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A prophetic Israeli history lesson for the Obama administration from 1967


Shmuel Katz, a South African native who emigrated to Israel in the 1930s, served in the Irgun and later held a seat in Israel's First Knesset was also a prolific writer. In his 1973 title, "Battleground: Fact & Fantasy in Palestine," Katz, writing of the run up to the Six-Day War in 1967, notes that the Arab world devised a mass propaganda campaign aimed at delegitimizing Israel, while enforcing a strict boycott on Israeli products as a means of economic warfare. Israel was frequently pressed to offer land concessions as well -- even before it obtained the now-controversial territory in Judea and Samaria resulting from the Six-Day War.

In light of the intensification of the Obama Administration diplomatic offensive led by Secretary of State John Kerry to try to broker a so-called peace agreement with Israel, we found the below passage from Katz's work on what occurred during the summer of 1967 to be timely and prophetic:

Israeli tanks advancing on the Golan Heights during the Six-Day War between Arab and Israeli forces, June 10, 1967. (Source: Assaf Kutin/© The State of Israel Government Press Office)

"The full significance of Israel’s vulnerability was made manifest suddenly, and to almost universal surprise, in May 1967. Ostensibly, everybody knew that Egypt was capable of turning Sinai into a vast offensive base threatening the very heart of the Jewish state. Ostensibly, it was common knowledge that the United Nations Observer Force, set up in 1957 after the Sinai campaign, would evaporate if Egypt decided to attack. Ostensibly, it was common knowledge that at a moment of destructive exhilaration the Arab states might be capable of united action, forcing a war on three fronts against an Israel outmanned, outgunned, and outnumbered in planes by nearly three to one and in tanks by more than three to one. These elementary facts were largely ignored even by many people in Israel itself–just as, since the war, Israel has been pressed to forget them again.

The facts became clear in quick succession. On May 14, President Nasser started moving his troops and tanks into Sinai. Three days later, the Syrians announced that their forces on the Golan Heights were also ready for action. On the same day, Nasser demanded the immediate withdrawal of the United Nations force from Sinai. The UN Secretary General, U Thant, promptly complied; the United Nations force disappeared.

Simultaneously, the Commander of the Egyptian forces in Sinai, General Murtagi, issued an Order of the Day. For greater effect it was broadcast on Cairo Radio on May 18, 1967: The Egyptian forces have taken up positions in accordance with our predetermined plans. The morale of our armed forces is very high, for this is the day they have so long been waiting for, for this holy war.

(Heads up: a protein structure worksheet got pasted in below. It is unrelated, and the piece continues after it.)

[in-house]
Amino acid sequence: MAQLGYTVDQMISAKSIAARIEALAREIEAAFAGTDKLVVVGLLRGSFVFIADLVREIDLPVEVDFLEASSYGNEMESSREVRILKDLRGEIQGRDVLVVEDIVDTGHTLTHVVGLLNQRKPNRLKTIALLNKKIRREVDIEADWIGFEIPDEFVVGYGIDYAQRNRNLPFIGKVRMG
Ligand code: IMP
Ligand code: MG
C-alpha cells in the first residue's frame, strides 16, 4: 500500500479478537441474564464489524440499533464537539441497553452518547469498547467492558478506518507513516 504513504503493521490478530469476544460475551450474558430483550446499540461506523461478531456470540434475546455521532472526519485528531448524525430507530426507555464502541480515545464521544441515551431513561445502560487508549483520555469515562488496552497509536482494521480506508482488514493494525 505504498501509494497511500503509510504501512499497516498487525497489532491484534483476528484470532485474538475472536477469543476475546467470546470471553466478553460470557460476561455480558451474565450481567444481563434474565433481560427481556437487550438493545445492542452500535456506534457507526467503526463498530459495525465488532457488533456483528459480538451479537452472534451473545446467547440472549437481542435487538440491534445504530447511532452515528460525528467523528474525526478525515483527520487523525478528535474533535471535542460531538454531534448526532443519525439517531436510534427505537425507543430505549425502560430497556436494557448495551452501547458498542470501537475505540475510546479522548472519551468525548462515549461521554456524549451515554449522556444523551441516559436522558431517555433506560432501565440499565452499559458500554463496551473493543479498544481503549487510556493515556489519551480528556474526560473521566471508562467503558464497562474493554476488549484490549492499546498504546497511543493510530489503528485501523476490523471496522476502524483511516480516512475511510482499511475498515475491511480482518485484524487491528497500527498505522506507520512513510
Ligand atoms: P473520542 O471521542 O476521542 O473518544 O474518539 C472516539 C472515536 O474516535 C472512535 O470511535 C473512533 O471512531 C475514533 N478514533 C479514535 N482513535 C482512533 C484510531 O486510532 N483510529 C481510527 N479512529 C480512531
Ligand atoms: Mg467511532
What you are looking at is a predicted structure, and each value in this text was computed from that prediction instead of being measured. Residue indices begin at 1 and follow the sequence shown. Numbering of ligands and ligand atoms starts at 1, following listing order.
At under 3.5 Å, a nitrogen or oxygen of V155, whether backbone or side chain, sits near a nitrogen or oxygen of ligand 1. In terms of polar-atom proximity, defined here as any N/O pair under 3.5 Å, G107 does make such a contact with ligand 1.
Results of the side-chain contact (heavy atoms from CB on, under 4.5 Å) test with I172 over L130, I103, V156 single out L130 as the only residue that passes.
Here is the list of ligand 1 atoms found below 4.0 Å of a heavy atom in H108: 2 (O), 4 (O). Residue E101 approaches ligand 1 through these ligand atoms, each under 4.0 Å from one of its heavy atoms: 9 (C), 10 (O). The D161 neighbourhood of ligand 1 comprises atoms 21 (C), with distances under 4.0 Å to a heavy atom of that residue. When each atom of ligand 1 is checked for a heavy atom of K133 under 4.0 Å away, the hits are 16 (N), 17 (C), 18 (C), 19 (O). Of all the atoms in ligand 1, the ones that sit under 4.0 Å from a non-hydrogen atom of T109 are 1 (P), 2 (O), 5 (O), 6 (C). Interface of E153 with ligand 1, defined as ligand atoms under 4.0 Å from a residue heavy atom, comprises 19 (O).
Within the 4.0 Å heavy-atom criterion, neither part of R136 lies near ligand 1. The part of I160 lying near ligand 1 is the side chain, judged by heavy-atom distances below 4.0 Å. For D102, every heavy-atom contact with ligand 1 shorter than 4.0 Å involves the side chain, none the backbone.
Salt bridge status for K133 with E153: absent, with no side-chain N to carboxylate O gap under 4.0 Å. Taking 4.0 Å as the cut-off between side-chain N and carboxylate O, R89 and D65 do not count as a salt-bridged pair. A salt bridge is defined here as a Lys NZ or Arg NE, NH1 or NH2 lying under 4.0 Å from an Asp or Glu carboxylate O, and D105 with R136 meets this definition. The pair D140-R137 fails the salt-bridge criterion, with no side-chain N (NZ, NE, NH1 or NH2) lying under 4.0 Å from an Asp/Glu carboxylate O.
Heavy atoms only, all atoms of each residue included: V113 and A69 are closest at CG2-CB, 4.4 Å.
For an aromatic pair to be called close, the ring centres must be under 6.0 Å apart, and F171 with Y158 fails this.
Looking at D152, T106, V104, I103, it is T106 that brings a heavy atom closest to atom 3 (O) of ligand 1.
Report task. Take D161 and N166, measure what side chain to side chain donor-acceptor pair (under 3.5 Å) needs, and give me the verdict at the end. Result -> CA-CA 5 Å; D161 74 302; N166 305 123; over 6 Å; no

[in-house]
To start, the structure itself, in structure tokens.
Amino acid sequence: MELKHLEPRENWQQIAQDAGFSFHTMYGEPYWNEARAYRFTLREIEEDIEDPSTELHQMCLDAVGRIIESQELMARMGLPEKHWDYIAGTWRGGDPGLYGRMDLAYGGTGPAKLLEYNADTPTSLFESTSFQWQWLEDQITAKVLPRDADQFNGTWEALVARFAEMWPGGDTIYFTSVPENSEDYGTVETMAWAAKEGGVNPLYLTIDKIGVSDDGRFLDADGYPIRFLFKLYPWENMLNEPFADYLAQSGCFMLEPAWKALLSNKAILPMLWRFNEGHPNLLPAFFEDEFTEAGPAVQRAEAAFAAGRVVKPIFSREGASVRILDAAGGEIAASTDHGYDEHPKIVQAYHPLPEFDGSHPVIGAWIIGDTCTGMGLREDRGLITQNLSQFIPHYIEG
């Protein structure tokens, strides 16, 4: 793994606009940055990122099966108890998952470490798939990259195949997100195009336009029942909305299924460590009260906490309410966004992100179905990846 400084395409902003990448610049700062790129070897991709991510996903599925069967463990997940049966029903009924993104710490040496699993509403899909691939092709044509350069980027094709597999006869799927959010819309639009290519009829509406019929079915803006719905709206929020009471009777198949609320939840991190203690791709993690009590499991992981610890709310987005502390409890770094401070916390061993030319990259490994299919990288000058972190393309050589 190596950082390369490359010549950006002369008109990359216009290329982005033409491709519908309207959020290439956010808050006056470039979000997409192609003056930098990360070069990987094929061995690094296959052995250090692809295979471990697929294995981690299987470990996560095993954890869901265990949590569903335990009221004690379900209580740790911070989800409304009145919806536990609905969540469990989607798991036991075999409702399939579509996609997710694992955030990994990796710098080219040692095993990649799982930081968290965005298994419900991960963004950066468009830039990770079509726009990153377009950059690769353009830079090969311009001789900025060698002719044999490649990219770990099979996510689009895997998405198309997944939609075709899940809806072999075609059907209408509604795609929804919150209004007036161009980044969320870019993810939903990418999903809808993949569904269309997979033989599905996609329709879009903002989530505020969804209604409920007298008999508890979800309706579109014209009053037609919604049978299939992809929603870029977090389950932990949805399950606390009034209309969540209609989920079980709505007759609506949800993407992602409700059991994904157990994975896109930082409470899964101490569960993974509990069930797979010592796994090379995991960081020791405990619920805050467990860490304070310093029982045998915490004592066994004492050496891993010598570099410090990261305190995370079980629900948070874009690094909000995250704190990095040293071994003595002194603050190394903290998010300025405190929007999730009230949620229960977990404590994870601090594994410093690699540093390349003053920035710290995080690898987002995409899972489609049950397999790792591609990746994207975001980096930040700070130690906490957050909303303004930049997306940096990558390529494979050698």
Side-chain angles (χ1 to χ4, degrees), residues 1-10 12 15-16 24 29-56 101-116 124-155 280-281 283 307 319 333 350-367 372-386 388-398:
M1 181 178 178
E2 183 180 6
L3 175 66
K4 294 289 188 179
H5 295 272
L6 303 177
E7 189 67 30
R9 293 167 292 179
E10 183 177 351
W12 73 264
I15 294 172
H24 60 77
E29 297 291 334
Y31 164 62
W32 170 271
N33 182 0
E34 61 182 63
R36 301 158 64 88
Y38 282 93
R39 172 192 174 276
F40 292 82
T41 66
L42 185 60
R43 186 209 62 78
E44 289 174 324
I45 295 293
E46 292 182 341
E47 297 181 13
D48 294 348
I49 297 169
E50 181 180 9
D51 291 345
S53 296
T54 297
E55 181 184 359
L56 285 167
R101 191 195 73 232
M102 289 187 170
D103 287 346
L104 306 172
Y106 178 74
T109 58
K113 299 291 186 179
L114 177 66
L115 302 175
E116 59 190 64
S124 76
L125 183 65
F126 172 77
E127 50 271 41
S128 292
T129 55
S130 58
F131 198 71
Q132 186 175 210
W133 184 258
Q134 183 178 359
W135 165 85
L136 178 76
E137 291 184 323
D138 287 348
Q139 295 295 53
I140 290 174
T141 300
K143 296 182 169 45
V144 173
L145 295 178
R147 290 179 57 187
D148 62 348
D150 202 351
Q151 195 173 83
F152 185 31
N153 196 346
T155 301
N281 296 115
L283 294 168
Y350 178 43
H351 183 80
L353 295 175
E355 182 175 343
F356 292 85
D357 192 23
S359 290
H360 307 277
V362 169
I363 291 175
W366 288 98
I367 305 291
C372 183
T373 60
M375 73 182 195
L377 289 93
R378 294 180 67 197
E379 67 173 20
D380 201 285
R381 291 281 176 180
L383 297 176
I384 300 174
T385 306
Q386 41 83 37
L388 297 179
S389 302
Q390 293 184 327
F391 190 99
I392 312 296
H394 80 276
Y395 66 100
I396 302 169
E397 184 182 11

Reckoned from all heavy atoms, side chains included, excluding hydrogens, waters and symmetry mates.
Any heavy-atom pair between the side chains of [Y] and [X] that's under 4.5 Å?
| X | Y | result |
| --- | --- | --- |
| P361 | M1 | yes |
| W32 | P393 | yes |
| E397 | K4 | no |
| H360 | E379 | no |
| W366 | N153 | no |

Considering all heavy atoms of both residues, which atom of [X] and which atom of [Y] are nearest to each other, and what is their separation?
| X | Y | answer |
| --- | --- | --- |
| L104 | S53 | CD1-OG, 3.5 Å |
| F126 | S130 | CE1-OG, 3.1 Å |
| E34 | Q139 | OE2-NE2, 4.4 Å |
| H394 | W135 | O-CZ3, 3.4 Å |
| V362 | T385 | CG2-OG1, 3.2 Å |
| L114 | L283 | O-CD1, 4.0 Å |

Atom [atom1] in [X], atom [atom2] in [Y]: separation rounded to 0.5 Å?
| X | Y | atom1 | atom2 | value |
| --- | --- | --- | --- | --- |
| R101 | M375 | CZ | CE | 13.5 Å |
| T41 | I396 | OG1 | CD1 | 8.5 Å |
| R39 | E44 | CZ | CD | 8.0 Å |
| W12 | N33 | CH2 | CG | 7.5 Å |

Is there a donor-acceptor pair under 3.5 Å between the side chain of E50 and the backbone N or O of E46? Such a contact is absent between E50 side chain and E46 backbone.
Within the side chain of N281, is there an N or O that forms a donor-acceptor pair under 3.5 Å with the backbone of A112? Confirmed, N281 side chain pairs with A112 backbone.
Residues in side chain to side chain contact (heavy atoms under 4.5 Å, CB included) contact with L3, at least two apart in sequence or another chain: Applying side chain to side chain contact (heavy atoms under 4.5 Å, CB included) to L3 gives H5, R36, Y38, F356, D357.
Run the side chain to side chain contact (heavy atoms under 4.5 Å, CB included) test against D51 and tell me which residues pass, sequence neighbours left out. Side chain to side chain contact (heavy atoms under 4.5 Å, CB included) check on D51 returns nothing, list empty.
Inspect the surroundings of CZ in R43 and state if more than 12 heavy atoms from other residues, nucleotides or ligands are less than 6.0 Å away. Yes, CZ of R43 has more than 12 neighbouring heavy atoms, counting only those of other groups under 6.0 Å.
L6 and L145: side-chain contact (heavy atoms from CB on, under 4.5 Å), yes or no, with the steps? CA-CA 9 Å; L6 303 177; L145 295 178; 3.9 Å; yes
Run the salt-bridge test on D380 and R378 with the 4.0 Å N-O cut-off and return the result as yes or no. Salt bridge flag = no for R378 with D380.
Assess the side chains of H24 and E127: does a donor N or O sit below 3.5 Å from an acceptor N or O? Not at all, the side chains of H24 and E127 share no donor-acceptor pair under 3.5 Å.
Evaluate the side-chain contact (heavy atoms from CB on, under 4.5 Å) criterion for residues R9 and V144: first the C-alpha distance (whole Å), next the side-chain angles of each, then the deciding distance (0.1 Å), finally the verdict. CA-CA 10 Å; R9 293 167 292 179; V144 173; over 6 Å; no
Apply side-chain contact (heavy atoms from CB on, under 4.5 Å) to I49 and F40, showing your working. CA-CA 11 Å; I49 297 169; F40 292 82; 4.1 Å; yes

Four days later, Nasser announced the renewed blockade of the Tiran Straits. Then on May 30, King Hussein of Jordan hastened to Cairo and there signed a mutual-defense pact with Nasser. All now seemed ready. In two weeks, a noose had been drawn around Israel’s neck.

Believing in the power of their numbers, in their unity, and in their ability to exploit Israel’s glaring strategic weakness, the Arabic leaders and spokesmen now articulated the simple objective of their policy and their labors: annihilation of the Jewish state.

The Arab leaders, as it turned out, had miscalculated. They were, it is true, united; they did outnumber the Israelis heavily in men, planes, tanks, guns, and ships; if they had been able to exploit these conditions, Israel’s topographical weakness could have been fatal to her. Israel is now being asked (or told, or cajoled) to resume that topographical weakness, or that topographical weakness with, in the words of the United States government, "insubstantial modifications."

The Arabs’ war against Israel in the years between 1949 and 1967 was accompanied and dramatized by an incessant diplomatic offensive and a campaign of propaganda that grew progressively in volume and scope. Its purpose was not kept secret. It was repeated again and again. "Our aim," it was epitomized by Nasser on November 18, 1965, "is the full restoration of the rights of the Palestinian people. In other words, we aim at the destruction of the State of Israel. The immediate aim: perfection of Arab military might. The national aim: the eradication of Israel."

Year after year, the autumn sessions of the United Nations in New York were converted into a sounding board for the combined verbal onslaught on Israel of the delegates of the ever-growing number of Arab states.

The war against Israel on its many fronts was pursued against an Israel that did not embrace the "occupied territories" of today. At that time, too, Israel was pressed and urged from many sides to make concessions. What could these concessions have been? In those years, too, Israel was pressed to offer concessions of "territory." But it was the Arab refugee problem that was named as the prime cause of Arab intransigence, as the source of all the trouble in the Middle East. That was then proclaimed the major obstacle to peace."

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